If you are like me you probably often get asked by friends and family how best they should keep themselves secure when browsing the internet. Below are some of the key things I tell people to remember when using the Internet;
- Be careful about giving out your email address. Only give it to people you trust or have validated in some way.
- If you do a lot of online shopping it is a good idea to use a special email address solely for that purpose. That way any spam you may receive goes to the shopping email address leaving your primary email address less of a target.
- Use strong passwords. Do not use common words, names of people or places. These can be easily guessed and even more so when a computer is used to do the job of guessing. Instead, try and use phrases and mix the case of the letters. For example you could use the phrase “MaryHadaLittleLamb” which would be a strong password to use. It could become stronger by replacing letters with numbers, for example “i” with “1” and “a” with “4”, so the above phrase now becomes “M4ryH4d4L1ttleL4mb”. You can make this even stronger again by using special characters such as ! $ $ etc.
- Always make sure when buying something over the Internet that the website is secure. You can see this from a locked padlock symbol on the bottom bar of your browser and also the web site address should begin with “https”. For example, Bank of Ireland’s online website is normally “http://www.365online.com“, note only http is at the beginning of the address. However, when you go to access the page on their site where you log in your details the site automatically changes to a secure site and the address changes to “https://www.365online.com/banking.htm“. This time note that “https” is at the beginning of the address. Never give out your details to a site that does not have its address begin with “https”.
- Never open attachments in emails that you are not expecting, even if they come from someone you know. Criminals often send viruses using forged emails to look like they come from someone you know in the hope you will open the attachment believing it to be from a friend.
- Never respond to spam email, even to unsubscribe as this simply confirms your email address is active resulting in more spam being sent to it. There is a white paper called “Everything You Wanted to Know About Spam” available at our website.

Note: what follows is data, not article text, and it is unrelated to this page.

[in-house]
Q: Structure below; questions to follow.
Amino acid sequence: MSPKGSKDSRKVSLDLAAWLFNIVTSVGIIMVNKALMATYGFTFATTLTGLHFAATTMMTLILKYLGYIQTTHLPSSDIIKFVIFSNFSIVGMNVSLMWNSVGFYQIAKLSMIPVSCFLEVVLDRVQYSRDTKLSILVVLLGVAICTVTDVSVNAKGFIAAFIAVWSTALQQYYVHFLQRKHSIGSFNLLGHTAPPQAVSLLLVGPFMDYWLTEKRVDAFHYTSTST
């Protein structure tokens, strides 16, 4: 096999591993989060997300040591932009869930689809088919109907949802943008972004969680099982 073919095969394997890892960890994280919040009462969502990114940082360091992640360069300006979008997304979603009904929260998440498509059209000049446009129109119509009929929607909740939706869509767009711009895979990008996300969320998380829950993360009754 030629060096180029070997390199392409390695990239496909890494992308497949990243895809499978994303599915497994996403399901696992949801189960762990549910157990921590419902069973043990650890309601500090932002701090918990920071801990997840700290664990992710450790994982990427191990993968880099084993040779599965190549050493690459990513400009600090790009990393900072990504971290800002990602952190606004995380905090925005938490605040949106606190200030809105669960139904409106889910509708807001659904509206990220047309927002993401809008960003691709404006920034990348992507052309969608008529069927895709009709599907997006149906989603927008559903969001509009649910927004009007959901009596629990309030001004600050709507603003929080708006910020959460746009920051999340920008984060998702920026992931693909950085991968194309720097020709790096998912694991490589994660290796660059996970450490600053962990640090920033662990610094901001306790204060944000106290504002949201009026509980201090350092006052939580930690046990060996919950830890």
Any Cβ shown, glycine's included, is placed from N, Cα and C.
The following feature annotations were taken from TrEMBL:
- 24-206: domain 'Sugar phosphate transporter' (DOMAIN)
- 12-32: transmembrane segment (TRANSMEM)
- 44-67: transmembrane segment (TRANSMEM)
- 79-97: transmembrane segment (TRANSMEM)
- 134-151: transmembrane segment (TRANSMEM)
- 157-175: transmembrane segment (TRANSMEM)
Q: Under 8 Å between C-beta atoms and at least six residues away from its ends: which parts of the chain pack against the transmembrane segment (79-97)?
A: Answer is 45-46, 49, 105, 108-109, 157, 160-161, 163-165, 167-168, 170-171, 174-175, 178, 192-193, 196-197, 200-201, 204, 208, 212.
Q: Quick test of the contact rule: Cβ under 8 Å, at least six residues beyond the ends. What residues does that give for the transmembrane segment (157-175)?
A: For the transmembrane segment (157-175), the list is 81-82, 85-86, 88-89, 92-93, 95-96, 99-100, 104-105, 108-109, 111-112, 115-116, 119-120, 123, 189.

- Backing up data. – I would strongly advise regularly backing up the important information on your PC as it can take a long time to replace if you have a problem, e.g. your PC breaks down. You can copy your data to a CD, DVD or use USB Sticks.
- Install Anti-Virus software on your PC. This needs to be installed and updated regularly. This software will work in the background on your computer and check all files to make sure that they are free from known computer viruses.
- You should have a personal firewall running on your the PC, Windows XP comes with an inbuilt firewall. A firewall is a piece of software on your machine that makes sure only legitimate traffic enters and leaves your PC (similar to a security guard at a building).
- SpyWare is software loaded onto your PC without your knowledge that can record your keystrokes which your Anti-Virus software and firewall may not detect and sends the data to a third party. For example it can detect when you access your online bank and subsequently record your details. You should install anti-spyware software.
- Make sure you have installed all the latest software patches and updates to your PC.
- There are a number of other sites which contain very useful information, such as the makeITsecure website run by the Department of Communications and the Gardai have a lot of good information on their website.
Vicente Aceituno also has an excellent resource for people to use when looking to protect their home PCs. Vicente’s site has a comprehensive, no-nonsense and practical guide covering areas such as counter measures to take, information to have to hand in the event of a disaster and how to protect your laptop.